With its mud mosques and slave castles, its metropolitan capital and vast agricultural regions, Ghana is one of the most interesting countries to visit in West Africa. Its 24 million people belong to over 100 ethnic groups, but there is relatively little conflict among them.
Ghana is one of the better-performing African states, with one of the highest GDPs per capita in the continent. It is poised for more economic growth with the recent discovery of oil reserves in its offshore territory. Despite this, more than a quarter of Ghanaians still live below the poverty line. Agriculture is the country’s main industry, with the mining of precious metals and minerals a close second.
Ghana is sub-Saharan, situated just a few degrees north of the equator. The prime meridian cuts through it, so that it is part in the Eastern Hemisphere, part in the Western Hemisphere. The country is hot throughout the year, especially in March and April. The weather breaks in May, giving way to rains until June. August is an especially cool month, and rains get heavy again from September to October. It is particularly rainy in the south and south-west.
To its European colonizers, the land now known as Ghana was a source of precious minerals and manpower. The British called it the Gold Coast. The Portuguese built the first European fort in the territory and called it Elmina (The Mine). And for a time, large seaside forts and castles like Elmina were the last stop for countless men, women and children who were captured and brought to the Americas as slaves. Today, these places—some designated UNESCO World Heritage Sites—bear the sad echoes of the past in the dark silence of their dungeons and holding rooms. A large percentage of tourists to Ghana come to experience the ordeal their ancestors suffered as they passed through the “doors of no return” and boarded the ships that took them away from their homeland, their families and their freedom forever.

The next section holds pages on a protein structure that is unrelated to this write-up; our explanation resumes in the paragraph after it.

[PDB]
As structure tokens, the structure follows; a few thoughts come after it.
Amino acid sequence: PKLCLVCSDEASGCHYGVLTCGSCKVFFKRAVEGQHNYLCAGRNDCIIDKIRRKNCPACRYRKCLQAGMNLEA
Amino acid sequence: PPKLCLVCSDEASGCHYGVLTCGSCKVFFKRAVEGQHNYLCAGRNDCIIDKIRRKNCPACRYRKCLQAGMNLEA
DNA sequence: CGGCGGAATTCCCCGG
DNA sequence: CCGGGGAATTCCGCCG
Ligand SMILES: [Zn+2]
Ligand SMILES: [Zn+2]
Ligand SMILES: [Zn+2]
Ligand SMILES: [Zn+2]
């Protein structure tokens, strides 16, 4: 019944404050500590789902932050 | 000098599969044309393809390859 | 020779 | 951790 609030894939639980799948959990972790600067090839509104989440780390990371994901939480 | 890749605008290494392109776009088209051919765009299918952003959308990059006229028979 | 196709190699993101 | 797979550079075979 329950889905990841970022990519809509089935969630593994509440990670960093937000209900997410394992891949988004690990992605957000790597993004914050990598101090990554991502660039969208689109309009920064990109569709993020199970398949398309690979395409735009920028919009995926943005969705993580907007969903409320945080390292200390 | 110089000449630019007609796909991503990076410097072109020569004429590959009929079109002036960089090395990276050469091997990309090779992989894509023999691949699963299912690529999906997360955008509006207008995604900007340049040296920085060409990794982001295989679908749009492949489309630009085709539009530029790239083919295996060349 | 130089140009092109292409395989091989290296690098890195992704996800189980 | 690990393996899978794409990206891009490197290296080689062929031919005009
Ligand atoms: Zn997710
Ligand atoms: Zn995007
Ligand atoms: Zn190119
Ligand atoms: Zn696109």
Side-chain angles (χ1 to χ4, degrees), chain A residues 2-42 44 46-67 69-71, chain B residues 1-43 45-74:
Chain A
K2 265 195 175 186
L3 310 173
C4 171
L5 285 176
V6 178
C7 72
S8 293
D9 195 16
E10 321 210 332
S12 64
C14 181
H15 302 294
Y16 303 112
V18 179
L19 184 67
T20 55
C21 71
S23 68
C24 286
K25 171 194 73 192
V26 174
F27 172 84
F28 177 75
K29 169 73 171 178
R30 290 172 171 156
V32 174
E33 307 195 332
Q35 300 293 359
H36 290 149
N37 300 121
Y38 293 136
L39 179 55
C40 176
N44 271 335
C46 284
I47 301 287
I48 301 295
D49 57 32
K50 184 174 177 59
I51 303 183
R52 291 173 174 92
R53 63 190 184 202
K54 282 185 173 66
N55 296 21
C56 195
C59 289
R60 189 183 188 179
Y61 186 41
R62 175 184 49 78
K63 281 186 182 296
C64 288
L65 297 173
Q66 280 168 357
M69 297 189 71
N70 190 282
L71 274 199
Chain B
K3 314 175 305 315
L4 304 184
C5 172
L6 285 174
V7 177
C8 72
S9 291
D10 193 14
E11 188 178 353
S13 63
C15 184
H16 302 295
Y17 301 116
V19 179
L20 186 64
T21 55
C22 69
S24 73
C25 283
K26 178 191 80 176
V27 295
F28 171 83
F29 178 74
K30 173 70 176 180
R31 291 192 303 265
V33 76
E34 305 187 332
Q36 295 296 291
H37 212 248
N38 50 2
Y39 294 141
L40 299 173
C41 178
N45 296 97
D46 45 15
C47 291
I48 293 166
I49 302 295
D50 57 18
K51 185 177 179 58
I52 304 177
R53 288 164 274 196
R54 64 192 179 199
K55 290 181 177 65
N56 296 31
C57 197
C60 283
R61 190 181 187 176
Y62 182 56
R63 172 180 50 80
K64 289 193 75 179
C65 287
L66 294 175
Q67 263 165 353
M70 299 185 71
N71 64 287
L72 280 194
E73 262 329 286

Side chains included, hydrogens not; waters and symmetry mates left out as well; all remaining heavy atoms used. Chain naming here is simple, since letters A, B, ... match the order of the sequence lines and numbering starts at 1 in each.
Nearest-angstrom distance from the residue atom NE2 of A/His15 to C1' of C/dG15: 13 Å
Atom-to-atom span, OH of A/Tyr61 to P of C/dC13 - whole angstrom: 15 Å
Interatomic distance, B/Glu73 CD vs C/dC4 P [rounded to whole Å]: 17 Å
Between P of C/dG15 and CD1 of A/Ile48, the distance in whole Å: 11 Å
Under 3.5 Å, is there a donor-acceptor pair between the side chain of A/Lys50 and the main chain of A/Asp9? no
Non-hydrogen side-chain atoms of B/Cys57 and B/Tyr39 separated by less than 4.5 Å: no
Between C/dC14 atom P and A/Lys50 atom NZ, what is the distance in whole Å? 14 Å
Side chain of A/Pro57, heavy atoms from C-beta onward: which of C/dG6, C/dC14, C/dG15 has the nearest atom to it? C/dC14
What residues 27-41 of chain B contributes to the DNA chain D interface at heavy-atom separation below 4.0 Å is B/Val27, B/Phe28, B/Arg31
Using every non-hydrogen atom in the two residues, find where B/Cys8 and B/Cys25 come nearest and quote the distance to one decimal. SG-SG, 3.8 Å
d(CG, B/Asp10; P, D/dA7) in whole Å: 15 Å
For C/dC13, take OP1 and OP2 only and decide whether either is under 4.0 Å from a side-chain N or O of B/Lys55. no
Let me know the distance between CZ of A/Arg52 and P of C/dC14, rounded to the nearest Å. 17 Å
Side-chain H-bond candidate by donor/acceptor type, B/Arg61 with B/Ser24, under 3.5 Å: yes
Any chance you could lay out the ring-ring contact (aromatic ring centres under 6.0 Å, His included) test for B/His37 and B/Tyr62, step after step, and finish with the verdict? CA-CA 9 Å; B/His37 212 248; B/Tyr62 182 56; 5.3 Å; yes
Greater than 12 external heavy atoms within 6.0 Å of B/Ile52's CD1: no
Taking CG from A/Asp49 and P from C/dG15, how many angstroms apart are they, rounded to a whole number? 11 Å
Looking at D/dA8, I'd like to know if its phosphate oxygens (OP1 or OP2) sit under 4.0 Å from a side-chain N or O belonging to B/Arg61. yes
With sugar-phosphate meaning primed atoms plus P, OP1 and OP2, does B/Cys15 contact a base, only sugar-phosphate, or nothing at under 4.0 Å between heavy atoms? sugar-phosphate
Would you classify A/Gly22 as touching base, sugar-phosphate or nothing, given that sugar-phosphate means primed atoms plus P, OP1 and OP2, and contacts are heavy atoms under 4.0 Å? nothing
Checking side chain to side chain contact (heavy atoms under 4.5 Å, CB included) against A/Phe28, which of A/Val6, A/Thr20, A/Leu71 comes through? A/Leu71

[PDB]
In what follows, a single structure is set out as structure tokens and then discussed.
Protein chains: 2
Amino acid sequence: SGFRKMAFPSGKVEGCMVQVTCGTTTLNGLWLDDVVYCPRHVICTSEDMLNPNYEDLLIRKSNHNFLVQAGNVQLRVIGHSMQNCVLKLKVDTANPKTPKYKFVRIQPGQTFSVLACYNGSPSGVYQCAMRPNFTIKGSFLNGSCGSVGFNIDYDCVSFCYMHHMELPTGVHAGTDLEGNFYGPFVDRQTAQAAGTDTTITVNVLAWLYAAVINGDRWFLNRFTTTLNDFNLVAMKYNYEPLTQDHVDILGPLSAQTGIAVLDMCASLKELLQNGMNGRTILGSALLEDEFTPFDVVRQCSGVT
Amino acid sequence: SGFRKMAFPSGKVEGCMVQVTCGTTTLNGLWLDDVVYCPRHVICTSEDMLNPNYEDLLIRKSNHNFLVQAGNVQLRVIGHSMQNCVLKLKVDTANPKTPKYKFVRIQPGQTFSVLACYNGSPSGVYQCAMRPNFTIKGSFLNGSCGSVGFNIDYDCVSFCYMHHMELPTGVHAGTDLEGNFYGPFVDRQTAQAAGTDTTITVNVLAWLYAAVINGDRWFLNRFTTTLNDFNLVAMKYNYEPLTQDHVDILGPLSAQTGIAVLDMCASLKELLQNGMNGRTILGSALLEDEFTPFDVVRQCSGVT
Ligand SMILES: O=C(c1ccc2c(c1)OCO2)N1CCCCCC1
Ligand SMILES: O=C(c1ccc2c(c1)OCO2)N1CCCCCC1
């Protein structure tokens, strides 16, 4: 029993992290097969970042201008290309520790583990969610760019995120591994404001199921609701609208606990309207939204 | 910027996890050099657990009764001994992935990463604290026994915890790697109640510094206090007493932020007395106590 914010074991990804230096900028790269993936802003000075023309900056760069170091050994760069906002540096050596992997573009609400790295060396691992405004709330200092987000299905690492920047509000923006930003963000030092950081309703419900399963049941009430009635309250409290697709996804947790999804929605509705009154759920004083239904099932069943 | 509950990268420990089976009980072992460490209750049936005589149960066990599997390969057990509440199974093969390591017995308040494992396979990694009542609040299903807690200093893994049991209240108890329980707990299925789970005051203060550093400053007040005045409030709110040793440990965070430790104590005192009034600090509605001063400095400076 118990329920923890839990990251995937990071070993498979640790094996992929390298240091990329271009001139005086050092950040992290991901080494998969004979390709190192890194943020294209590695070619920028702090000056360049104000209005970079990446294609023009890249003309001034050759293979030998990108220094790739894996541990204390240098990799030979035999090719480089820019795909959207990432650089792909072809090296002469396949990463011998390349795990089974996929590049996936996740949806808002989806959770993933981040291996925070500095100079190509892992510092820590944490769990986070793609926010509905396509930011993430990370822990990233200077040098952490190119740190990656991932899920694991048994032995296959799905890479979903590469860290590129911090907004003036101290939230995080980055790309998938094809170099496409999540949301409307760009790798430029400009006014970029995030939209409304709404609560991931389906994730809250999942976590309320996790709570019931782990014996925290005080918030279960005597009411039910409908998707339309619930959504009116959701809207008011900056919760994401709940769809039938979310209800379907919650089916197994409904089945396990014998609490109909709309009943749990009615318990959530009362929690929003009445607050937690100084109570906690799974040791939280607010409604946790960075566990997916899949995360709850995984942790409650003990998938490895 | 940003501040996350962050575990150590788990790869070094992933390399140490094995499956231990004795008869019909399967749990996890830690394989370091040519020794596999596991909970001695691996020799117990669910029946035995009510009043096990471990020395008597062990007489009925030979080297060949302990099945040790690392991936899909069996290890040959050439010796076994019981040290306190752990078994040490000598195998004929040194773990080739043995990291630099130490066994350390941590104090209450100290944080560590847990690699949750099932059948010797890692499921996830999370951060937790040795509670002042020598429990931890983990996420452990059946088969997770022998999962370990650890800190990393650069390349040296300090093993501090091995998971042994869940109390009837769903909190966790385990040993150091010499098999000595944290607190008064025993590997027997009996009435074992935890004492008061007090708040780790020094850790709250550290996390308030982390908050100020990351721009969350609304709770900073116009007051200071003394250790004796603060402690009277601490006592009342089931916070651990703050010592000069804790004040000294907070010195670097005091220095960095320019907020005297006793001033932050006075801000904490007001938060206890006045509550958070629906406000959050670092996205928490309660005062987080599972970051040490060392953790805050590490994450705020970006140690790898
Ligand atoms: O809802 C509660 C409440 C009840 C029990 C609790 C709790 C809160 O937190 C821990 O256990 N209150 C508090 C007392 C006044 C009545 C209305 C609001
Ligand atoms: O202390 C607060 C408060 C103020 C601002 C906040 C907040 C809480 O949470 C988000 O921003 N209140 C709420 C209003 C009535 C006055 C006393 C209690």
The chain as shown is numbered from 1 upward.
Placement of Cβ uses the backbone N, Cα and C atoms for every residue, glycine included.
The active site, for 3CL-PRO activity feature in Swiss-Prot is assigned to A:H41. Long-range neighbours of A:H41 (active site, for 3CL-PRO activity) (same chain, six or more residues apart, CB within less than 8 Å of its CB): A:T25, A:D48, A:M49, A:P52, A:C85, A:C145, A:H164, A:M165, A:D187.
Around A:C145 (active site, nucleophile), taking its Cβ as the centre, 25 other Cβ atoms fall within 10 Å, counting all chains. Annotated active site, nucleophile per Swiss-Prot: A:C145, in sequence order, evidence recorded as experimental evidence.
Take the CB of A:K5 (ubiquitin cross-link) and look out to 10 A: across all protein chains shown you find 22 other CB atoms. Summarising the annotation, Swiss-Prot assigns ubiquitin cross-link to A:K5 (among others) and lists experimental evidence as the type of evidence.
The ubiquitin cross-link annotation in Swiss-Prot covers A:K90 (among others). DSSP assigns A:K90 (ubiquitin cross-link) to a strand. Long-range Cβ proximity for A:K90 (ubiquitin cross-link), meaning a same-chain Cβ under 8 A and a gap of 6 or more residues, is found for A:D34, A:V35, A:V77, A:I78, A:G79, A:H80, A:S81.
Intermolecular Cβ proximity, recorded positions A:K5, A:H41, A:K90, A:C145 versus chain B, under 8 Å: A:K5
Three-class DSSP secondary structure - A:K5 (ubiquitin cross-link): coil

After the Gold Coast gained its independence from Britain in 1957, it officially became the Republic of Ghana. It was named after an old empire that extended throughout much of Africa.
Protected wetlands and glorious beaches dot Ghana’s lengthy Atlantic coastline, which makes way for forest lands, vast savannas and hilly regions as one goes up north. There are still some areas of protected rainforest in the southwest, and lions, leopards, and elephants roam in the wild. It is far from a paradise; Ghana’s fields and forests are threatened by overlogging, slash-and-burn agriculture and overgrazing. Industrial pollution from mining activities has harmed the soil. In the Northern Region, intertribal violence has cost thousands of lives over the years.
Yet Ghana is a relatively prosperous and well-run African nation. It is now considered one of the best places for business and investment in Africa. It has a good educational system, and English remains Ghana’s official tongue, though over 250 languages and dialects are spoken throughout the country. With a few exceptions, the different groups of people that make up the Ghanaian population live in harmony, unlike in many other African nations. Despite the fact that the name Ghana means “warrior king,” the country is actually quite peaceful.
Ghana is divided into 10 administrative regions. In the cities, there are many modern homes are available for rent, especially in the capital, Accra.